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Long-Lost Documents Found in Basement of Burns Tower

Apr 11, 2021
Burns tower

By Liliana López

On Friday, March 26th, a novel and remarkable discovery was made on Pacific’s Stockton campus. An old safe in the basement of Burns Tower, thought to be empty, was finally pried open to reveal several old documents inside, dating back as far as 1851. 

President Callahan was on-site during the ongoing process of the renovation of Burns Tower. After observing the old safe tucked away in a corner of the basement, Callahan expressed curiosity about it, and realized that, “Stockton Fire [Department] is here...they can open up the safe for us with the jaws of life.” 

Most of the documents in the safe concern Pacfic history. Robert Burns (after whom the Tower is named), was president of Pacifc from 1946 to 1971, as well as an historian. During the early years of his presidency, he completed his M.A. in history at Pacific, where he wrote the thesis The First Half-Century of the College of the Pacific. The newest item in the collection is from 1971, the same year as former President Burns’ death. This led Mike Wurtz, Head of Special Collections and Archives at Pacific, to believe that the safe had not been opened since then. Most likely, Burns was using these materials for his personal research on the university’s history, and did not tell anyone about the safe before his passing.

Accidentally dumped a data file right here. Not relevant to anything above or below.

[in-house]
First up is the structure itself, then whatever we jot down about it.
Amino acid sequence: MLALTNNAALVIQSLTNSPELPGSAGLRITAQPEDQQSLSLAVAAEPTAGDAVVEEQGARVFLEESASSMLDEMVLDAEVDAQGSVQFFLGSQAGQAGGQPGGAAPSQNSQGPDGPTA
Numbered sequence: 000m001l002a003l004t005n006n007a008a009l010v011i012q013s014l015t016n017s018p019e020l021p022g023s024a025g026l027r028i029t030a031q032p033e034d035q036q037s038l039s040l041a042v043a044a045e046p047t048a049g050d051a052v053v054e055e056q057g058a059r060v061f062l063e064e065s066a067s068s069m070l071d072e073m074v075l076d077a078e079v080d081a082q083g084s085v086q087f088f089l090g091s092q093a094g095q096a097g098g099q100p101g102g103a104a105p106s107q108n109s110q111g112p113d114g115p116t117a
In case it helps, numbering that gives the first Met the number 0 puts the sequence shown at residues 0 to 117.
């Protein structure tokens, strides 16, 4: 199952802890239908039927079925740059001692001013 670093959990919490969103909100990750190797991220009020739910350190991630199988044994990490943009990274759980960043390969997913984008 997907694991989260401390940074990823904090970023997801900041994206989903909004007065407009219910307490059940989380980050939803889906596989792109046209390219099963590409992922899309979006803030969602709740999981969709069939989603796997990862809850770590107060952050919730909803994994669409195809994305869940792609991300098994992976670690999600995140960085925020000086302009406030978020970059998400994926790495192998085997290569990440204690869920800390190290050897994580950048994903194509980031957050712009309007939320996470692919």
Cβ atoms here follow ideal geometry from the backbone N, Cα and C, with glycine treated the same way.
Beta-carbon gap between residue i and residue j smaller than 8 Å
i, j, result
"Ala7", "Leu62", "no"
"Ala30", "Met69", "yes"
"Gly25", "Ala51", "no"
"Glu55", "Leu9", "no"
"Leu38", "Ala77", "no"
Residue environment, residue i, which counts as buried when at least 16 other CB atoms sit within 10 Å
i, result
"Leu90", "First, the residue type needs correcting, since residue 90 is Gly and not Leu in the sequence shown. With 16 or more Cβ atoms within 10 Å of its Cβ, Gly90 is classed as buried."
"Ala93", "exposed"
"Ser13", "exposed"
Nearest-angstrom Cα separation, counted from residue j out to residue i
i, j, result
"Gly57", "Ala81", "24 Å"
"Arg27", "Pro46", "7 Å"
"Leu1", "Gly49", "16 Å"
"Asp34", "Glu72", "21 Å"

Among the sources are meeting minutes from the university’s founding years, a leather satchel containing real estate papers, the university constitution, a student-composed code of honor, and various financial ledgers from the 1920s to the 50s. Especially interesting is a book full of meeting notes dated from 1851, which shows what is most likely the “very first use of the term ‘University of the Pacific,’” says Wurtz. 

Not all items found in the safe, however, are institutional documents. There were also personal items, some belonging to an O.H. O’Neill. O’Neill graduated from Pacific in 1864 with a degree in medicine. His records of matriculation and lecture cards (used to track attendance) were among the personal items found in the safe. Others included pins from various honors societies, a gifted set of mid-century butter knives, and ancient Babylonian tablets. 

Though the oldest documents found in the safe are from 1851, the tablets are obviously far older, dating to about 4,000 years in the past. The tablets were sent to Burns, who wanted to try his hand at translating them, by his friend Edgar J. Banks, who is one of the inspirations for the character Indiana Jones. 

The find was an unprecedented one for Pacific. As stated by President Callahan in his interview with a local news station, “this is really…[what] captures peoples’ imaginations.”

PC: Pacific.edu